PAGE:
Andreas Robinson is a product of the much-heralded Southampton Football Club Academy. Having joined as an 8-year-old boy his entire adolescence was immersed in the Southampton Academy environment before deselection at 21. We know adolescence is a critical period of growth and development in which we acquire the skills, attitudes, and behaviours that provide the foundation for thriving in adulthood. At 28 Andreas is thriving!
Currently helping Weymouth FC in their return to the National League the midfielder is days away from graduating from Winchester University with a degree in Physiotherapy. A football career spent in the upper echelons of non-league, he has overcome footballing hardships post deselection to enter the world of physiotherapy and not exit the game. Promotion to the National League with both Havant & Waterlooville and Weymouth FC, he is set to enjoy a 3rd season in English football’s 5th tier. While his name might escape even the most ardent of Southampton supporters, his success in life, and football, is as important to champion and celebrate as that of club skipper James Ward Prowse. Why? Because Andreas represents the ‘many’ in academy football and not the ‘few’.
Over 12,000 boys are involved in any one year at a PL or EFL academy system, with less than 1% of these making the transition to the respected first team, hence the term the ‘few’. Andreas bucked that trend, albeit his one appearance came as an 81st minute substitute in a 2-0 League Cup win over Sheffield Wednesday in 2012. A spate of lengthy and untimely injuries robbed him of much required game time during his 3-year professional contract. His 13-year journey is often judged, as is the case with most academies, on its ‘production line’. Pictures of Lallana, Bale, Walcott, and the like hang proudly on the wall space at the Saints Staplewood training complex, vindication in the football world of a successful academy. My argument is he too should take his place proudly on the production line.
He displays personal qualities of resilience, determination, self-awareness, humility and accountability, which quite possibly stem from his successful journey in academy football. Culture and philosophy are two prominent characteristics synonymous with elite sporting environments, and as such staff take great pride in cementing a set of values and expectations on their players. The very same training field that cultivated his contemporaries; James Ward-Prowse, Callum Chambers, Alex Oxlade-Chamberlain, Harrison Reed, Luke Shaw and Sam McQueen for example, also sowed the seed of success in players not representing Premier League Clubs. The much heralded ‘Southampton Way’ having a positive influence on the characters of those within their system perhaps? I would like to think so!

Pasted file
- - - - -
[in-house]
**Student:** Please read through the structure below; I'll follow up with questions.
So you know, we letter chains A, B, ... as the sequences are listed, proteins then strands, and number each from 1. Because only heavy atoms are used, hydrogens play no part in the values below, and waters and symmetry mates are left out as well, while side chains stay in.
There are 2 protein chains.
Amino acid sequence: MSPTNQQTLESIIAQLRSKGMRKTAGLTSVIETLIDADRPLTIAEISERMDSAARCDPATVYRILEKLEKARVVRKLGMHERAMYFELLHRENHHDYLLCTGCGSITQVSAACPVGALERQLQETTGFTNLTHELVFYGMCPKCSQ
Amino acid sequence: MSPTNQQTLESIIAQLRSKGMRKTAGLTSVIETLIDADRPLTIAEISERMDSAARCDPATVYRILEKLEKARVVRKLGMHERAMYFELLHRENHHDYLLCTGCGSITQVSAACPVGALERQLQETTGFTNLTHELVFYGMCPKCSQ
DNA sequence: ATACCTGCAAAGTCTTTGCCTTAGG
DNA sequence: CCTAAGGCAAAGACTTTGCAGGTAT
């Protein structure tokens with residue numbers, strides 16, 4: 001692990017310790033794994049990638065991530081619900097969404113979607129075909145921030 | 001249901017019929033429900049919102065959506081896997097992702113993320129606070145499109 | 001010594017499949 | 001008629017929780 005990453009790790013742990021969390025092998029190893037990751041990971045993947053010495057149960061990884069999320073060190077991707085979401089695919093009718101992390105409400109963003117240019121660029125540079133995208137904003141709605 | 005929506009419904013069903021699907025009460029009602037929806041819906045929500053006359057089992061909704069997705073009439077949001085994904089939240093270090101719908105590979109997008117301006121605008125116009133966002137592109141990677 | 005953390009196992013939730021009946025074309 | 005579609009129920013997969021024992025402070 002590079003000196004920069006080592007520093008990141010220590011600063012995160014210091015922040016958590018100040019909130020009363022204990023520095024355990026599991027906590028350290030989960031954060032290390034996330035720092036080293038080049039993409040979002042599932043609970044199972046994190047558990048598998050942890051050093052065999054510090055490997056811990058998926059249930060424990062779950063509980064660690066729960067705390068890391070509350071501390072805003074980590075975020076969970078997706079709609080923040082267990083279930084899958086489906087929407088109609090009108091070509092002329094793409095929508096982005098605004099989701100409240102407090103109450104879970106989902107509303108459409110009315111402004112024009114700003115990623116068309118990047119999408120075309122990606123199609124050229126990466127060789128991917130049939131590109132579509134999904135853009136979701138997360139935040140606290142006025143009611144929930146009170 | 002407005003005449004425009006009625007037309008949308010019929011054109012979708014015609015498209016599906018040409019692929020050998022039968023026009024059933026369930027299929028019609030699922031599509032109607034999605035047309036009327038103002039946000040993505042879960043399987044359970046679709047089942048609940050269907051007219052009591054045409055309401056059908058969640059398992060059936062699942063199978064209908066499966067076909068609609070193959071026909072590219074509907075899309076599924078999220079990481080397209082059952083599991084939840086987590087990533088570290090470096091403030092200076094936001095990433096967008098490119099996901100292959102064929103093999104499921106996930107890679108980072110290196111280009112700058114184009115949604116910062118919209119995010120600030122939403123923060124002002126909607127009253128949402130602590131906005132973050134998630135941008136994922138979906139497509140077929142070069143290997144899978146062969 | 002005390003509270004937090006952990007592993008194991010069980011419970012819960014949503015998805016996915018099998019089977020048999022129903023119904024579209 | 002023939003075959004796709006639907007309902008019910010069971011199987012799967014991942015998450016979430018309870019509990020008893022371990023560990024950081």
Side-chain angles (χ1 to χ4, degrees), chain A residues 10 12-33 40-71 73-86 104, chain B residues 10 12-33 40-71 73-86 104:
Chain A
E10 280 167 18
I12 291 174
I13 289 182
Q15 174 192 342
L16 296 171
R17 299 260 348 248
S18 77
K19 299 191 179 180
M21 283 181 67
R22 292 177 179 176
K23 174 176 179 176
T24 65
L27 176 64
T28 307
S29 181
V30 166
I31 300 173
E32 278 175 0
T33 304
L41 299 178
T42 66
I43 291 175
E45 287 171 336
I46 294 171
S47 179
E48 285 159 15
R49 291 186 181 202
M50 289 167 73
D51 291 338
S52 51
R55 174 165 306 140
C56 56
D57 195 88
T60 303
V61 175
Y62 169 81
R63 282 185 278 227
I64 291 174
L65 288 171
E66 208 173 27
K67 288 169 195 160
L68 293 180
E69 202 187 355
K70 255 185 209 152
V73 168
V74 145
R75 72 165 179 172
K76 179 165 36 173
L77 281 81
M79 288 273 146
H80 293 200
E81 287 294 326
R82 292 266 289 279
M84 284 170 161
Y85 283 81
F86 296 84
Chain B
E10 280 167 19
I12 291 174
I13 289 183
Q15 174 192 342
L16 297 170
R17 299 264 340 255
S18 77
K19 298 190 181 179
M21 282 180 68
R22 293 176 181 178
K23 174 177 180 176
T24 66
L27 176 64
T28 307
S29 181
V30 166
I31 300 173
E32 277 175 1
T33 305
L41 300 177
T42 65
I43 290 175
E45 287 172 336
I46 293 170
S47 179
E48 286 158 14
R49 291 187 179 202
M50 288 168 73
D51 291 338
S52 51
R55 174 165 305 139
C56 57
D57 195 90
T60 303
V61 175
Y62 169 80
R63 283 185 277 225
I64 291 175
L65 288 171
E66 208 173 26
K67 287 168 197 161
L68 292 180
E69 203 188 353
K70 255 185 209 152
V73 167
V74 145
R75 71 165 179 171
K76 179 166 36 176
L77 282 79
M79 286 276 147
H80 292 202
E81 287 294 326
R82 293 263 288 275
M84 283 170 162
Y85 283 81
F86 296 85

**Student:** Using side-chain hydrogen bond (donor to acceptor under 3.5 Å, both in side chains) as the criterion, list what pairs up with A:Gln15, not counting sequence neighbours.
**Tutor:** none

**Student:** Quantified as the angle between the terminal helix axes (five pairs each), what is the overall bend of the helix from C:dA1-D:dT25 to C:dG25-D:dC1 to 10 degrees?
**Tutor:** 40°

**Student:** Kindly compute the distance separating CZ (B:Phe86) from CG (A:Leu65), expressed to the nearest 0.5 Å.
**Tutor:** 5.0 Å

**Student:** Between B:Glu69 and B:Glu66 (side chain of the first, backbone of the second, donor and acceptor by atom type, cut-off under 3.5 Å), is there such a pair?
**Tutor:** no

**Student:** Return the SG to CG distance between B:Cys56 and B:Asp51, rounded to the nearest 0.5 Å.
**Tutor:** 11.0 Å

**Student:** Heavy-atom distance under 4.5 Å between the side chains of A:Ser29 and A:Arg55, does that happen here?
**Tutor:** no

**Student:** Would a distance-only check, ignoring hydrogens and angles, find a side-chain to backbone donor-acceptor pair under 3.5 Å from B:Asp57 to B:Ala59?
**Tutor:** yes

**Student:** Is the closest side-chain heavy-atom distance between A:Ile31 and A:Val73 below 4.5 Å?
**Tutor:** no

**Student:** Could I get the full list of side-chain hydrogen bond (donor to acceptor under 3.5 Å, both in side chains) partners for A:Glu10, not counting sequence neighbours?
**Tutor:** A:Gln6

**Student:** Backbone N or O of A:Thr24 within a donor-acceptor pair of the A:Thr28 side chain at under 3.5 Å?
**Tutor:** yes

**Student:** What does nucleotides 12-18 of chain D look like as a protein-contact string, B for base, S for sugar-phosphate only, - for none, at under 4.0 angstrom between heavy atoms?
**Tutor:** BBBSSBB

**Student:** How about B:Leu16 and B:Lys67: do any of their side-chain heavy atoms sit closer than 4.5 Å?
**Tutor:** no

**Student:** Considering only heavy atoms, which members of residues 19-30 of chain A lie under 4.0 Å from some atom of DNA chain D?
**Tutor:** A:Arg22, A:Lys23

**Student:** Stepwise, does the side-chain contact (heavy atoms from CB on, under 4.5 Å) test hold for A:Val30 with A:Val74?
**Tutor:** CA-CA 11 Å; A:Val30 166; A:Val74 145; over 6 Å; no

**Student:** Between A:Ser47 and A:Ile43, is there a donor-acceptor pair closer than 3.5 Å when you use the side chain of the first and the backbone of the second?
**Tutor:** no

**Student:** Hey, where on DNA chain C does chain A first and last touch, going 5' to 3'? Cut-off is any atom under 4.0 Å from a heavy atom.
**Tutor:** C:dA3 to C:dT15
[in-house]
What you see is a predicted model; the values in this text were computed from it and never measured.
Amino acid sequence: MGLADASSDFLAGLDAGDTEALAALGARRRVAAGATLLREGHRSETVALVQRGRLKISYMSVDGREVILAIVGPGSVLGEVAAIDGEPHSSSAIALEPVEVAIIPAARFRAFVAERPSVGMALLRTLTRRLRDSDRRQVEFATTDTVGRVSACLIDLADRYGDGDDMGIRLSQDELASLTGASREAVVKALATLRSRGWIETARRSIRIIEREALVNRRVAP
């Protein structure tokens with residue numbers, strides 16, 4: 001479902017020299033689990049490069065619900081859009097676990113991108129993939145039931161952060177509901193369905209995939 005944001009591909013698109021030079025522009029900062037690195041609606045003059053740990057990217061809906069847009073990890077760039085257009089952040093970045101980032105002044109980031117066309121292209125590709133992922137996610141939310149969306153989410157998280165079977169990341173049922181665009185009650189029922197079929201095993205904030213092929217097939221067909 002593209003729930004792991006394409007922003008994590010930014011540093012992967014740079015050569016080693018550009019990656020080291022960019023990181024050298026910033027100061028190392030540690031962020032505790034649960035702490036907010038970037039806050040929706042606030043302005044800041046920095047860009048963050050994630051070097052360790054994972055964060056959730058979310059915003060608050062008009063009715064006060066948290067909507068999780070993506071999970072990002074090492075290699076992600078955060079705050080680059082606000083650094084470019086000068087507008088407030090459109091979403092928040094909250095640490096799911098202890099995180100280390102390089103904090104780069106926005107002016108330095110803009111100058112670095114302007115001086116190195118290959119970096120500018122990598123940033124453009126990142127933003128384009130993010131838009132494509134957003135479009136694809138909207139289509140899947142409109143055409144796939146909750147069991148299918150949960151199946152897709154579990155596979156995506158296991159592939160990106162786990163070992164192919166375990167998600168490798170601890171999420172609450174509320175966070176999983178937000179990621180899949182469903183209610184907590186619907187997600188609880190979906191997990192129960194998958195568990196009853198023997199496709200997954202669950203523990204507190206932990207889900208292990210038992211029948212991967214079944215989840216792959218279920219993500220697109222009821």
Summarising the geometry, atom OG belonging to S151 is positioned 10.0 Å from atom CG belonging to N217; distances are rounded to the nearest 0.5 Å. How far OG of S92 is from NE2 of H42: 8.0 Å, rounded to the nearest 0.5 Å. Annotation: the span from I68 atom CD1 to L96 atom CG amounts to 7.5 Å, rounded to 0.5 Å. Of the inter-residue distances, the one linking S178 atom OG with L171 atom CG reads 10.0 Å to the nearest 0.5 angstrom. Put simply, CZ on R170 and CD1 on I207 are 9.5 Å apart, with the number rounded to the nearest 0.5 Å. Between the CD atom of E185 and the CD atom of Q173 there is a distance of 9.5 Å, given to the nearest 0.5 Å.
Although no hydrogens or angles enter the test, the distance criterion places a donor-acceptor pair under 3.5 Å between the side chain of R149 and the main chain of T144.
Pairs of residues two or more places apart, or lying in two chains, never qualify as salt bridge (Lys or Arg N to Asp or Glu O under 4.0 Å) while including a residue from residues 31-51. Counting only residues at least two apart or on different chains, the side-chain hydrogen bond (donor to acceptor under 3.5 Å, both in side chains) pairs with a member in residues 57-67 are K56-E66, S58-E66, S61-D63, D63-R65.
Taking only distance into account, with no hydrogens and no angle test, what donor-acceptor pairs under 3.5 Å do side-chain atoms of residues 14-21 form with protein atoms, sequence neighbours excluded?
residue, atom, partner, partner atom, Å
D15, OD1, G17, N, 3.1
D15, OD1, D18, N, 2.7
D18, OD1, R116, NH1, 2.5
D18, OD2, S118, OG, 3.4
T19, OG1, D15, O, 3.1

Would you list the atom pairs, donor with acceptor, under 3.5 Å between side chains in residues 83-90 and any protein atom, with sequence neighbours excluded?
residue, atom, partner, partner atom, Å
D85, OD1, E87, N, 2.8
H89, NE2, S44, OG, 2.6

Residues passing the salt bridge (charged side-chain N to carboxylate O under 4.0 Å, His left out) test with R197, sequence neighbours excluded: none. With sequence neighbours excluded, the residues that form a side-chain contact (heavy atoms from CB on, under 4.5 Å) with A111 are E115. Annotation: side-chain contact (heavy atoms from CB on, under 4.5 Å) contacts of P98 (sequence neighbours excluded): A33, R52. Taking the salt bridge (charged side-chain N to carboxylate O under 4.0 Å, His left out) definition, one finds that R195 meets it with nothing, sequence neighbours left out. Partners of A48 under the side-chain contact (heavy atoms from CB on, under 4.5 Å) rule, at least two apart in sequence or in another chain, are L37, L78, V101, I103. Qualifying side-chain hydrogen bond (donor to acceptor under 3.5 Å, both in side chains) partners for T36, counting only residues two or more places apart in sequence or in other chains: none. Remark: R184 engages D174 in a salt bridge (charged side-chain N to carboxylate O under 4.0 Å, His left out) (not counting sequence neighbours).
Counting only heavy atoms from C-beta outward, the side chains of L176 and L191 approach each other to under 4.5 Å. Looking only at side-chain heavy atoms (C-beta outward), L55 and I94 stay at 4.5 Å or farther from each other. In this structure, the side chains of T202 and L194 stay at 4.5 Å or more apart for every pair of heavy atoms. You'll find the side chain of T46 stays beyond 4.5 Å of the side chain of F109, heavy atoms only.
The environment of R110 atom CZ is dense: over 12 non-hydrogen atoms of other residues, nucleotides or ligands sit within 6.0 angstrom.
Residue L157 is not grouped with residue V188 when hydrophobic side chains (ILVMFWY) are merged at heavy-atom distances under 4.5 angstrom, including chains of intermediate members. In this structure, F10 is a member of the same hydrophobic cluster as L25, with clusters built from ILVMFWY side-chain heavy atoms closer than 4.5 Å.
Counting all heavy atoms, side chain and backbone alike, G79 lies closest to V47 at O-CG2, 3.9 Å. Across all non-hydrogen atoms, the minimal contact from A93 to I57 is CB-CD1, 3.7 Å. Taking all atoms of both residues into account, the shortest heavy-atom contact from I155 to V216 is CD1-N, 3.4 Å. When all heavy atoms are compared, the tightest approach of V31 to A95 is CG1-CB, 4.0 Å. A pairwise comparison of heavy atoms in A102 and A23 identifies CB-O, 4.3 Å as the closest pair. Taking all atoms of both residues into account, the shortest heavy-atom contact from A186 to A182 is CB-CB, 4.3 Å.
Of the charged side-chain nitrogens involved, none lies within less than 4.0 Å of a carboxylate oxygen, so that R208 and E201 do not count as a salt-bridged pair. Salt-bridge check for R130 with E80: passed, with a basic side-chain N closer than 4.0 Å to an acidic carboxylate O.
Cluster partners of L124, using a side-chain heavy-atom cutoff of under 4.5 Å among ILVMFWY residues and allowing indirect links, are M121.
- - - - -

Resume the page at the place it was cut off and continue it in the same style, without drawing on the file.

Upon deselection football scholars are jam packed with transferable skills to enter the workplace. Here is where Andreas represents the ‘many’!
Young talented footballers can offer so much to industry through their exposure to continued personal development that elite sport settings can provide. Through intense competition you gain an awareness of self, accountability for your actions, the ability to lead and represent yourself in everyday tasks, an understanding of team work and ownership of your role in collective achievement. Who wouldn’t want an employee to show such qualities? Many are combining playing with a new career and can look back on their academy days with enormous pride and satisfaction.
At what point can we determine the influence of a football academy in shaping such human qualities and skillsets that allow former players to shine outside of the game? Well this requires greater focus I would say. However, good academies do, and will continue to, be experts in children and coaching and as such can help to nurture successful people.
An overview of discussion points raised;
Advice to young players
Resilience in overcoming injury and set backs
The work of sport psychology
Taking ownership of your football and career choices
Thankful for his Southampton experience & the people he met
Former players joining Player Care staff.
If you’re a parent of child in an academy, or a current player, or perhaps you work in academy football then please listen to Andreas. He’s passionate about helping the academy landscape of today and any aspiring footballer.